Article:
Julie, I confess, I have 1 ” Rocky 3 “, ( You ain’t so bad) Clash of the Titian( Atitude is a reflection of leadership) and ” Shawshank Redemption ( Hope is a good thing and no good thing ever dies) . Throw in there” Michael Jordan first couple of years with the Bulls, Vince Lombardi, and John Wooden…Reading good books last 2 years. Met a young man at work last week. Didnt give him” a ra ra speech, just a simple message about the gift of your God Given talent.BTW, tell Jeff and Matt, ( NY Yankees and Mets fan here lol) Thank you for all you do and ” Mapping out 2nd” Cannonball Run to Virginia. Be blessed

    • Hi Raynard, Jeff just gave me a good John Wooden quote the other day, and I think I have one or two from Vince Lombardi too. As I’ve mentioned before, Shawshank Redemption is one of my favorite movies and the quote you mention has been inside the front cover of my journal for many years now. Things are starting to warm up in the Tidewater area so I’m guessing you are good to go on Virginia Beach from here on in. Hope you have a great week! BTW the Mets are A-OK with us but I won’t mention to Drew that you are a Yankees fan, you don’t even want to get him started on that… 😀

  2. Good Monday morning, Julia. ☕️ Quite a delight to start my day with such a tribute to Jeff, for all he does and all he is EVERYDAY. I respect that he is a private person, but you’ve shared enough over these months that the wonderful character is obvious. I picture him as a caring husband, a dad that enjoys reading to Matt nightly, a playful grandfather, a dentist that gives his best to his patients, and a Christian that reads his Bible daily. I admire you both and have shared with the Vann Clan. 🙏 Love and prayers, Sheila

    • Thanks Sheila, it sounds as if you have a pretty clear picture of Jeff, minus a few eccentricities that likely came from living with me all these years! As I write this he is out working in the yard (having promised me he will NOT overdo it). Thanks so much for being here with us. ❤ ❤ ❤

  3. Bill Allen

    Julia,
    Thank you for sharing this. Please give Jeff my best and let him know that he’s been remembered in prayers at my house. I agree that his determination in the face of this battle is an inspiration to all of us.
    Best,
    Bill

    • Thanks so much Bill. I know it means a lot to him to hear from people who knew him “way back when” and still remember. Please keep those prayers coming! Hope you have a wonderful springtime.

  4. Janice Brown

    What a beautiful tribute to the bravest,most courageous man I know. You are so right. His battle is already won,but he is blessed to have you fighting along side him.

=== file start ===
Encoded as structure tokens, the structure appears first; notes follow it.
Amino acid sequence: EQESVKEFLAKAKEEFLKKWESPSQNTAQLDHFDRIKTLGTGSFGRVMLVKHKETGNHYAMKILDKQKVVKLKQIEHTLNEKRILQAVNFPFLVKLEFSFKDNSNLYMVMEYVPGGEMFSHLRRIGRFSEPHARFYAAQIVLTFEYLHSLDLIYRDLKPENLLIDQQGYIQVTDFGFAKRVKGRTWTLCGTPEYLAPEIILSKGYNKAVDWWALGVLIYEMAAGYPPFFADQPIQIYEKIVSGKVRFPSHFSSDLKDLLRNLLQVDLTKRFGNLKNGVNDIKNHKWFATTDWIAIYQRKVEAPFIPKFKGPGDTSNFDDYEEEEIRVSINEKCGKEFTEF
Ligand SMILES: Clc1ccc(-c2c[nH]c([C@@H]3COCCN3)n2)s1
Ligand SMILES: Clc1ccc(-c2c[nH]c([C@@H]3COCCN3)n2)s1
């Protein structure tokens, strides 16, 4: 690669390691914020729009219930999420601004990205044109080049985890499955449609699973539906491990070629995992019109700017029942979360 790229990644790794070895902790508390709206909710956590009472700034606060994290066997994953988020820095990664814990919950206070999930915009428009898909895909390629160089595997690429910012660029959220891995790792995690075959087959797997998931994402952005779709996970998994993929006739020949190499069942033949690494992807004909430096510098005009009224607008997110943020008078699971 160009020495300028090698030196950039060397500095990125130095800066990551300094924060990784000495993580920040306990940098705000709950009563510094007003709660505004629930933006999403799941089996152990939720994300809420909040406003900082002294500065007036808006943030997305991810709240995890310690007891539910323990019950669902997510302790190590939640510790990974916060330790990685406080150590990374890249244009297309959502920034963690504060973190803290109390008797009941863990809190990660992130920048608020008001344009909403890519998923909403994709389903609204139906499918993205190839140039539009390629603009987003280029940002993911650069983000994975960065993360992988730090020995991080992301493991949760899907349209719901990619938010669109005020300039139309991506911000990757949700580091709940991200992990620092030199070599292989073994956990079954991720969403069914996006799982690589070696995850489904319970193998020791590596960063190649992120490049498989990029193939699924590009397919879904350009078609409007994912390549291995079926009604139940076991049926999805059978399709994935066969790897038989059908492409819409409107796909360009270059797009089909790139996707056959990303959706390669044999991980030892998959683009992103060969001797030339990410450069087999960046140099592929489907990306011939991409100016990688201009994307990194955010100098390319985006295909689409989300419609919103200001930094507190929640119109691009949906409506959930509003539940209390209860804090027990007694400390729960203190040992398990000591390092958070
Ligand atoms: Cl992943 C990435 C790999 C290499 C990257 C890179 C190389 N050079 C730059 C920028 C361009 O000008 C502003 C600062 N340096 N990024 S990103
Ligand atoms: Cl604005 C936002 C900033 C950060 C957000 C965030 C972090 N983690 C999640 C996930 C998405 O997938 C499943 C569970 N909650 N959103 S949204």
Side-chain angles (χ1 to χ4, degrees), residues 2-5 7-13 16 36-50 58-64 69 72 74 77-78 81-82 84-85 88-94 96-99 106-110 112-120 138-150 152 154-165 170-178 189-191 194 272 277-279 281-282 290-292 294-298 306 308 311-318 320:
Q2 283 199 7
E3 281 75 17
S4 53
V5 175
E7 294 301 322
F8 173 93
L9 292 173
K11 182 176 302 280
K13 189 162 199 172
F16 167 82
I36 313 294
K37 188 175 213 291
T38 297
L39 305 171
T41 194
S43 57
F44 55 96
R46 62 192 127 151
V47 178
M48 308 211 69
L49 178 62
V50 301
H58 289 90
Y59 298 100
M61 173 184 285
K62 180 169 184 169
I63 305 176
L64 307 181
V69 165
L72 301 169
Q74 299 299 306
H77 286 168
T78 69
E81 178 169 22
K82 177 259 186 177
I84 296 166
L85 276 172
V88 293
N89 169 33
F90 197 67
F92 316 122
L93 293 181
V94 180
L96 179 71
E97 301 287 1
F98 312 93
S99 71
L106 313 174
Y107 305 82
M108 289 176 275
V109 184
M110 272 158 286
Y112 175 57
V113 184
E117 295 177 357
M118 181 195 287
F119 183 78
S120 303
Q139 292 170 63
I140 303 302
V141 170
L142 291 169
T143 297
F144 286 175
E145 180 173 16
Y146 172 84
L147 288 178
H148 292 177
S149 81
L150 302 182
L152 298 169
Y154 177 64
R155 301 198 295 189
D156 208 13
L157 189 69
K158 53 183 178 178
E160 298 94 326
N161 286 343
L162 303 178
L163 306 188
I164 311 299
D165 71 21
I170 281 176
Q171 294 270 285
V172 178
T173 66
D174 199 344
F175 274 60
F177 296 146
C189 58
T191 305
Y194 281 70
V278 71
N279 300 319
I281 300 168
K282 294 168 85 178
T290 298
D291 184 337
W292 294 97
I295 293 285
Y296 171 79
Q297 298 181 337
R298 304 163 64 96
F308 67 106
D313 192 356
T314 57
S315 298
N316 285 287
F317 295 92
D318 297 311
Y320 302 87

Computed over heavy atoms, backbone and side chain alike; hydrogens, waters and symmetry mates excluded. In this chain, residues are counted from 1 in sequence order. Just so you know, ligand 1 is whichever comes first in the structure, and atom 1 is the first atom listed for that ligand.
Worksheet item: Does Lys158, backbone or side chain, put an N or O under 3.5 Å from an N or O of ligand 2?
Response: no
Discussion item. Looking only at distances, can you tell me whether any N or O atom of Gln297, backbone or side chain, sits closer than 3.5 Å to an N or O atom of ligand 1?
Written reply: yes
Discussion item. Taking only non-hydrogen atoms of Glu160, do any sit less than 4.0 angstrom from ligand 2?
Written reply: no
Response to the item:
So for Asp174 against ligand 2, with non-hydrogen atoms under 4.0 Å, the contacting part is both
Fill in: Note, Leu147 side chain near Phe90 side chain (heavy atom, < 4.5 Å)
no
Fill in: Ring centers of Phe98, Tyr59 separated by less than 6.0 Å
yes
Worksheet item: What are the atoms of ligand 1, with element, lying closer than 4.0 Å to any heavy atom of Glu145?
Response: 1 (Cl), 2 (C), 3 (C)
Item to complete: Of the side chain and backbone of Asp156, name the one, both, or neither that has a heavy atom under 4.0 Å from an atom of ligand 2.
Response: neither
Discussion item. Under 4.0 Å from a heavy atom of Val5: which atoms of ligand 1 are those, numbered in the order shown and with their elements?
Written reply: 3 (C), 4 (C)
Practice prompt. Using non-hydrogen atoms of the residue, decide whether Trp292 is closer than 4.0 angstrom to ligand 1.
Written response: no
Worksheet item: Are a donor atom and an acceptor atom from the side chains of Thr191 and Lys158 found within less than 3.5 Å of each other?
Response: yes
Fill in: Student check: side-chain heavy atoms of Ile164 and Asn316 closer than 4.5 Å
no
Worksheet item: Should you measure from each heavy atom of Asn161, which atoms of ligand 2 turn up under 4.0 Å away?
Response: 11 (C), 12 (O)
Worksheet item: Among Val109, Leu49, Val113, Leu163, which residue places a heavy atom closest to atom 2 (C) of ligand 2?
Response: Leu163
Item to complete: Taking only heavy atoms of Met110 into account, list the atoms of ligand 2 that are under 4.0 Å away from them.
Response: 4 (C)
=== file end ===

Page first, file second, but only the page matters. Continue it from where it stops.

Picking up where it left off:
• Thank you Janice. You’re one of the few people who know just how remarkable Jeff has always been. In many ways he is like his older sister. 🙂

  5. Rene

    Fantastic post, wonderful picture, and just what I need as I return to work (to a potentially unpleasant situation) after Spring Break!

    • Rene, it makes me feel so happy to think that my post may have helped you today! I’m sending up a quick prayer that your work situation is resolved with minimal fuss or trauma. Hope you have a great week-after-break!

  6. Carolyn

    Thank God for Jeff ‘s attitude and his strong well. We are waiting for our five year reunion. Loved your blog today and what a great picture of the two. Hope chemo isn’t to bad this week. You all take and have a good week. Hi Matt , hugs to all. Carolyn

    • Hi Carolyn, Jeff asked them to give him this week off chemo since it’s a holiday weekend and he wanted a bit of extra time to relax. Can you believe we are more than halfway there to our 5-year survival celebration? God is good. Thanks for keeping us posted on how you are doing. We love you.

  7. Linda Blackford

    What a beautiful tribute! And there’s a lesson for all of us in it. The combination of faith and determination is a powerful force! My prayers are with you both.

    • Linda, thank you so much. It often feels as if we are surviving on prayers. It’s that floating feeling when you are somehow lifted above the raging waves without quite knowing how or why. I have learned to say to myself “…this must be the prayers of the saints kicking in!” Thanks for being with us on this journey.

      • Judy from Pennsylvania

        Julia, your words here describe what I too have felt during hard times. I came across this quote recently and it parallels what you said. It was from Kayla Mueller, who was killed while a prisoner of ISIS: “….by your prayers I have felt tenderly cradled in free fall.” And your blog today harmonizes beautifully with today’s meditation on The Upper Room: http://devotional.upperroom.org/devotionals/2015-04-07, and where that writer says more http://devotional.upperroom.org/blog/2015/4/emeka040715